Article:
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The ancients understood the strength of things arranged in threes, and the thesis that “a threefold cord is not easily broken” (Eccl. 4:12) expressed a truth that no one in olden times was prone to doubt.
A simple deference to geometry sufficed to settle the question. The triangle, after all, is plain geometry’s only stable figure with straight lines. Geometry—literally, the measuring of the earth—is solidly founded on trigonometric functions, and the surest way to calculate the earth (or the heavens!) is by trigonometrical survey.
When we make such a survey, moreover, we are well advised to steady our instruments on a tripod, for nothing is more stable. Indeed, anyone ever seated on a wobbly chair can testify that chairs themselves seem to prefer three legs to four. Their wobbling is an agitated protest against that extra limb.
Perhaps it was the consideration of these simple facts of physics that prompted men of old to carry triangulation over into rhetoric. That is to say, if having three sides was of benefit to a pyramid, why not to a paragraph? Three good solid feet thus became the expected support of good solid pronouncements.
By good solid pronouncements, of course, I mean sentences qualified to fix themselves in the mind, truly memorable words, declarations not destined to be lost. Veni, vidi, vici, proclaimed Caesar. Though men may not remember whither he came, nor what he saw, nor how he conquered, it is quite impossible to forget what Caesar had to say about it.
In fact, Caesar’s famous sentence on the subject is found in a work that began with a tripartite exercise in geography: “All of Gaul is divided into partes tres.” In rhetoric, as in geometry, three was the number of perfection— omne trinum perfectum.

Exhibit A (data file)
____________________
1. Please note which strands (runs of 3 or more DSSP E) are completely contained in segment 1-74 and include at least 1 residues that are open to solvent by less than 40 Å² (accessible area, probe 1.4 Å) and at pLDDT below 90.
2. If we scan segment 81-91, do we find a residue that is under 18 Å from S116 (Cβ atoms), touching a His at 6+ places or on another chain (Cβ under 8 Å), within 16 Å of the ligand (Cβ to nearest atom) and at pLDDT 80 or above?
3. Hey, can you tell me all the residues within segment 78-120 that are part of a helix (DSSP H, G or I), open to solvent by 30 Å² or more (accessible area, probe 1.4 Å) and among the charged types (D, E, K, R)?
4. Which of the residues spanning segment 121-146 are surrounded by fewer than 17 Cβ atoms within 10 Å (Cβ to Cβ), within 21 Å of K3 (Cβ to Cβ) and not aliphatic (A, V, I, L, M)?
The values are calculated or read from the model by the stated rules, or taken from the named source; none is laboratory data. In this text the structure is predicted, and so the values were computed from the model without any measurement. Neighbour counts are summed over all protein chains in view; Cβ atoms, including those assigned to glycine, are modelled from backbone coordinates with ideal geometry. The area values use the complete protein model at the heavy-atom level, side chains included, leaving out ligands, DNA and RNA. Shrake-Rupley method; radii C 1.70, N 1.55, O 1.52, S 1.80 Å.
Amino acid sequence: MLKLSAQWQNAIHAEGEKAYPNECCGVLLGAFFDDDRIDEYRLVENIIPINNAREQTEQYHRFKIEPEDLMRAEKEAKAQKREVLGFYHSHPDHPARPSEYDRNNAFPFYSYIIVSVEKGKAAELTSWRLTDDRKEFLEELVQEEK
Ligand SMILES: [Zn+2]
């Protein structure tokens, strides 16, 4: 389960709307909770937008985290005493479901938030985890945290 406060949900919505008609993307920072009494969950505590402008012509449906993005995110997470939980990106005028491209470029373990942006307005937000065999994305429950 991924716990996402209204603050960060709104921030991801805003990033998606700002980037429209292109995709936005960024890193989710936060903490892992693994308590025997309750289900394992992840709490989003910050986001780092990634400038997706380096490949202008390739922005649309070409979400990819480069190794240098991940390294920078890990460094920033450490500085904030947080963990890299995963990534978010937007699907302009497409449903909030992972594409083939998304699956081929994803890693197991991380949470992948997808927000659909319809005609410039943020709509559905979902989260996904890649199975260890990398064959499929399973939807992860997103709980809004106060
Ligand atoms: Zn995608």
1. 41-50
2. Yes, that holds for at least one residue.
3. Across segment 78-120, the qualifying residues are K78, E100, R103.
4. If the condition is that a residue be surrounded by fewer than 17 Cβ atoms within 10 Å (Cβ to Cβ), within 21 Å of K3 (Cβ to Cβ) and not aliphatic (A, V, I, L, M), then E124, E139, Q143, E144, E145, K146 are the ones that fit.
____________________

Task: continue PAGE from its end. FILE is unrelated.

This insight came as no surprise to ancient Christians, who were familiar with a far deeper reason for preferring threefold expressions. This reason, in fact, was summed up by one of them at the end of an epistle: “The grace of our Lord Jesus Christ, and the love of God, and the communion of the Holy Spirit be with you all” (2 Cor. 13:14).
Paul the Apostle was fond of such tripartite formulations. For example, he began his earliest extant epistle by telling the Christians at Thessaloniki of his prayers for them, “remembering without ceasing your work of faith, labor of love, and patience of hope” (1 Thess. 1:3).
This was Paul’s first known use of the triplet expression “faith, hope, and love.” He returned to it in the same epistle, where he wrote of “the breastplate of faith and love” and the “helmet [of] the hope of salvation” (5:8). It appears repeatedly. For instance, “For we through the Spirit eagerly wait for the hope of righteousness by faith. For in Christ Jesus neither circumcision nor uncircumcision avails anything, but faith working through love” (Gal. 5:5–6).
Again, in the progress of holiness described in Romans 5:1–5, Paul starts with “access by faith,” goes on to rejoicing “in hope,” and finishes by declaring that “ hope does not disappoint, because the love of God has been poured in our hearts.” Likewise, he told the Colossians that he had “heard of your faith in Christ Jesus and of your love for all the saints; because of the hope which is laid up for you in heaven” (1:4–5). In a similar way, Paul exhorted the Ephesians to bear “with one another in love,” because of the “one hope” of their calling, and “one Lord, one faith, one baptism” (4:2–4).
The most memorable instance of this formula, surely, comes in the famous text where Paul affirms, “And now abide faith, hope, and love, these three” (1 Cor. 13:13).
It is not surprising that other Christian authors fell under the sway of this expression. One of them, for instance, wrote of the “labor of love,” of “the full assurance of hope,” and of an imitation “through faith” (Heb. 6:10–12). Somewhat later he spoke of “the full assurance of faith,” “the confession of hope,” and the stirring up of “love and good works” (10:22–24). Variations of this formula quickly became standard throughout Christian writings (cf. Polycarp of Smyrna, To the Philippians 3.2–3; Pseudo-Barnabas, 1.4; 9.8), and it has formed the outline of many a three-point sermon.